Feminist Feminism In Literature

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Feminism’s continual push for equality for men and women has grown and has become more successful. Women have abandoned the traditional roles of submissive housewives that was prevalent in the early 20th century. Early representations of women in literature were often stereotypical and unjust, but the characterization of women in literature has changed now. However, in the early 1900s that type of writing was predominant, in The Yellow Wallpaper by Charlotte Gilman, A Good Man is Hard to Find by Flannery O’Connor and Hills Like White Elephants by Ernest Hemingway were writers that disregarded feminist concerns in their stories and demonstrated how feministic views affected society as a whole.
Gilman utilizes feminist criticism within her story
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“John laughs at me, of course, but one expects that in marriage” (Gilman).This quote implies that by being laughed at, the narrator is being brought down by the male figure. Through Johns action readers can infer that he is very prejudiced against women being that he expresses superiority in his marriage. “He is very careful and loving, and hardly lets me stir without special direction” (Gilman). This reveals that he has complete control over her. Through the use of feminist criticism readers can understand how society viewed women and their beliefs. The Yellow Wallpaper is from a feminist standpoint that is a analysis on the state of women in the late 1800s, and perhaps even of the author’s own struggles with a society run by…show more content…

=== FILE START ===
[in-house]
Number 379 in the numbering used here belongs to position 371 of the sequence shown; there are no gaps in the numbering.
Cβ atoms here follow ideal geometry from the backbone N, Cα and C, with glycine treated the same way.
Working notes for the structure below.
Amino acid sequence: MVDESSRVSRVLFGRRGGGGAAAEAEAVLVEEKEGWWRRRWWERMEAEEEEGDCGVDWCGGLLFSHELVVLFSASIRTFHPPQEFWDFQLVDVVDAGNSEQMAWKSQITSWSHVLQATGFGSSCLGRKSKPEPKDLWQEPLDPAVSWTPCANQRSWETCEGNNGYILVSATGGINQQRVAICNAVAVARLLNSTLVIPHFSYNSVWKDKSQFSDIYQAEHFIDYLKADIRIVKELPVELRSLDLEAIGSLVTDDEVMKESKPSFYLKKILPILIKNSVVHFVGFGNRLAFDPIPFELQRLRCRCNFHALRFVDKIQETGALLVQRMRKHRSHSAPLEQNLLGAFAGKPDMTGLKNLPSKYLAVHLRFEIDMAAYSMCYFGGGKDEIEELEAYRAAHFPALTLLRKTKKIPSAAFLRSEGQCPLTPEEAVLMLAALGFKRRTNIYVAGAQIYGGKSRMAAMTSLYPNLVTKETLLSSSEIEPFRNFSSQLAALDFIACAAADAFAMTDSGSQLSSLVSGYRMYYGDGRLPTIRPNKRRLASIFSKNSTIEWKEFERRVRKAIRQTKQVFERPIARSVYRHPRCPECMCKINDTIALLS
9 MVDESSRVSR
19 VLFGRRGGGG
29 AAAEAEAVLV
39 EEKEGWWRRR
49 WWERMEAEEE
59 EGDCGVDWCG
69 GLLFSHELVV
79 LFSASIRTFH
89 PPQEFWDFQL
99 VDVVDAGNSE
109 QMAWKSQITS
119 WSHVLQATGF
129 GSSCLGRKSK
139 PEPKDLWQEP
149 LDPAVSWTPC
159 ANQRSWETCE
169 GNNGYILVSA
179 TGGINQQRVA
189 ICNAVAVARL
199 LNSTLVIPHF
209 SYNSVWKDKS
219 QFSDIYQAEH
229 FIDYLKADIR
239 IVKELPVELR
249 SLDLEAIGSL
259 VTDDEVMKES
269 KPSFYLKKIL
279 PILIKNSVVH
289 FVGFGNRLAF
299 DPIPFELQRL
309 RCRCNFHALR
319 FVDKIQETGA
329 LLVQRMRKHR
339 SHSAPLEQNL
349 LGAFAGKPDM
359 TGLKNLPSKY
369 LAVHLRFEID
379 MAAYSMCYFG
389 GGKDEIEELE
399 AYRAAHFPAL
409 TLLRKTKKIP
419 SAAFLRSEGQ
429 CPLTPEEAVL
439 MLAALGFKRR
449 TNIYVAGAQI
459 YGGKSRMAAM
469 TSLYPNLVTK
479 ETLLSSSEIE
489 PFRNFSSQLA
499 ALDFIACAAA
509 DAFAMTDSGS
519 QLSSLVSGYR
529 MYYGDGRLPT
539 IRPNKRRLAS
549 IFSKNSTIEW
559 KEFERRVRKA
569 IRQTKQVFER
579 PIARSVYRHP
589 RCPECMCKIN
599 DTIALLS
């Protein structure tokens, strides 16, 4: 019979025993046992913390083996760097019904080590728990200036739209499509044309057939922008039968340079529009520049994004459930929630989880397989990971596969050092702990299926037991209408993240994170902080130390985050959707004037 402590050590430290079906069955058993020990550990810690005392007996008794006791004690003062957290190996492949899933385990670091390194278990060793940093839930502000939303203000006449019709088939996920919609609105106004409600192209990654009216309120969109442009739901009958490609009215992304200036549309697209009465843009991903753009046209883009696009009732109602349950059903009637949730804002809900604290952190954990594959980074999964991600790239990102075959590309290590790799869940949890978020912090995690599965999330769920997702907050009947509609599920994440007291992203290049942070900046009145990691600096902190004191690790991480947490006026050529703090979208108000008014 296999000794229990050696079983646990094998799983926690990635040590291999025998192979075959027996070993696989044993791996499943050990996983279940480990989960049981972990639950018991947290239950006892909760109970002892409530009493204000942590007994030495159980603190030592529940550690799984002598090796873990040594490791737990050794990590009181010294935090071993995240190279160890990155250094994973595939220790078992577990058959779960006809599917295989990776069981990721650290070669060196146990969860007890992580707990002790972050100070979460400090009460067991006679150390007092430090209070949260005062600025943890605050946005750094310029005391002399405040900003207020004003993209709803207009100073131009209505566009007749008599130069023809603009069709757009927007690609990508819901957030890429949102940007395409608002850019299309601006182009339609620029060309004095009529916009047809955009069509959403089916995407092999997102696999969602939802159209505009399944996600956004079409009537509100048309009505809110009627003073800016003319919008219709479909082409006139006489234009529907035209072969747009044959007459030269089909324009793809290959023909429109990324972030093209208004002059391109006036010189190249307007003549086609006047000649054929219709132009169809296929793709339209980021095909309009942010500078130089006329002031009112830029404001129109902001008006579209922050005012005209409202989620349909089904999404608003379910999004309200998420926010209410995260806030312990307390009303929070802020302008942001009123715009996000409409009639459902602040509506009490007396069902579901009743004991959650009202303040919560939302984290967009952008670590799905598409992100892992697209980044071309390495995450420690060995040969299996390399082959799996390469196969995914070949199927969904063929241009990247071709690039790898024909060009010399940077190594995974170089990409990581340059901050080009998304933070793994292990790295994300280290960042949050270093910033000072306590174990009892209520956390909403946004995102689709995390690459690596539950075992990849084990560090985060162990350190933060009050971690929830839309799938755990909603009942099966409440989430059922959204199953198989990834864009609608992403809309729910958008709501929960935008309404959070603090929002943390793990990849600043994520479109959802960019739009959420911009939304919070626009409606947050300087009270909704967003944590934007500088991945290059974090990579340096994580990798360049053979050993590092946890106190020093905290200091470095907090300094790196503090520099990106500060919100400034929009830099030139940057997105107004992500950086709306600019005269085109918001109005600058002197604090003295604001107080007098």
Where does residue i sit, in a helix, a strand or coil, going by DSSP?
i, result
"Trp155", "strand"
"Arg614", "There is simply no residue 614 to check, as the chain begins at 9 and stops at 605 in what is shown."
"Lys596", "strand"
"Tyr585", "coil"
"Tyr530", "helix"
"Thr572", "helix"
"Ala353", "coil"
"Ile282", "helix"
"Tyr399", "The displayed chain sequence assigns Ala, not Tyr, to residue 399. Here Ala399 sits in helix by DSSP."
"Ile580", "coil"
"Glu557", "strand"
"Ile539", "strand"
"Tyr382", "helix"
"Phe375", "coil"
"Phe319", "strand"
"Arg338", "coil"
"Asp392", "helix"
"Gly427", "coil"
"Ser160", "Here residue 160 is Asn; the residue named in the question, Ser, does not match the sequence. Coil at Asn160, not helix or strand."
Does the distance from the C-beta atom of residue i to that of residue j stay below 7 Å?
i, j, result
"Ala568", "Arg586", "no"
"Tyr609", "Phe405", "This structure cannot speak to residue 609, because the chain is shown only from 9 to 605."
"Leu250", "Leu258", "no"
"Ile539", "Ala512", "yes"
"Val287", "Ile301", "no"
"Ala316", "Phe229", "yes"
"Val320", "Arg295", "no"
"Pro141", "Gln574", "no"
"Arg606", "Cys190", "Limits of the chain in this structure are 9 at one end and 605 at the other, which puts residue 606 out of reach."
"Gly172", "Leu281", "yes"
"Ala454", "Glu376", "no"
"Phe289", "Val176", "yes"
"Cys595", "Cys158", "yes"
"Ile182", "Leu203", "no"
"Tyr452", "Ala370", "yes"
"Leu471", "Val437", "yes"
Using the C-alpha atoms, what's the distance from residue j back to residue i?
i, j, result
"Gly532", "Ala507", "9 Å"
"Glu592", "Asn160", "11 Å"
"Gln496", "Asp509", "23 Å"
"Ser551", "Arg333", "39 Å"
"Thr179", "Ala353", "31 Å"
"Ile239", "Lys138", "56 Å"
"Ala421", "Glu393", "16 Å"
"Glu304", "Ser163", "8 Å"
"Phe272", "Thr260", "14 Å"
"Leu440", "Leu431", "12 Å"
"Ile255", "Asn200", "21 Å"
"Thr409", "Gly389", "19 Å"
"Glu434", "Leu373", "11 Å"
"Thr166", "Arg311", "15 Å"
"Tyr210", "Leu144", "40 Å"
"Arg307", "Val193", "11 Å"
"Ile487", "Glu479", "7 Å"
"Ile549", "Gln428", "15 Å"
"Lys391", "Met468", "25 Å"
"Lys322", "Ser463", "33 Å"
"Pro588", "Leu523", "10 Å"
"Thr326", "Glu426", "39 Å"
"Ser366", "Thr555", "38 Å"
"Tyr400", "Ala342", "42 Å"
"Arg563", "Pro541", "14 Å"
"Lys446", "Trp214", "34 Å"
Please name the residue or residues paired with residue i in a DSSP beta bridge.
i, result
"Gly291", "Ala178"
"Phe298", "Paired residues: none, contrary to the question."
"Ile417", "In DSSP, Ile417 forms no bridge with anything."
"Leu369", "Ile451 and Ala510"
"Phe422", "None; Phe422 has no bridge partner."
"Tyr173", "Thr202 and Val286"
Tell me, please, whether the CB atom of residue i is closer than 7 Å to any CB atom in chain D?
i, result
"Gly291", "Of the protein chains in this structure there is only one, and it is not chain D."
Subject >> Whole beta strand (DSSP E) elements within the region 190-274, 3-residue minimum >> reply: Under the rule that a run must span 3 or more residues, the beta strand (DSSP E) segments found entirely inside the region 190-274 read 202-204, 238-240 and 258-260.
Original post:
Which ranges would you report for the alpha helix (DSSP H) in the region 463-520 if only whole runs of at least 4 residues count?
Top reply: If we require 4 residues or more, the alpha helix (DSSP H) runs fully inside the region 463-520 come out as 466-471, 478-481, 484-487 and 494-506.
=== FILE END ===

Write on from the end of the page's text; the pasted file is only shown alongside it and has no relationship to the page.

Through the mere ordering of drinks, Hemingway demonstrates, the gender roles of male dominance and female submissiveness. The first line of conversation is the female asking her boyfriend, “What should we drink?”(Hemingway). The male character orders drinks for the both of them, proving his dominance and the girl asking her boyfriend demonstrates her submission. The controlling manner displayed by the male character through ordering drinks is a stepping-stone into his relentless pushing for his girlfriend to receive the abortion. His oppressive nature is not only reflected at the bar but more importantly he displays a prejudiced attitude in regards to the abortion. Several times the man mentions the simplicity involved in operation to coerce Jig into having such a risky procedure, “It’s really a simple operation, Jig. It’s really not anything. It’s just to let the air in”
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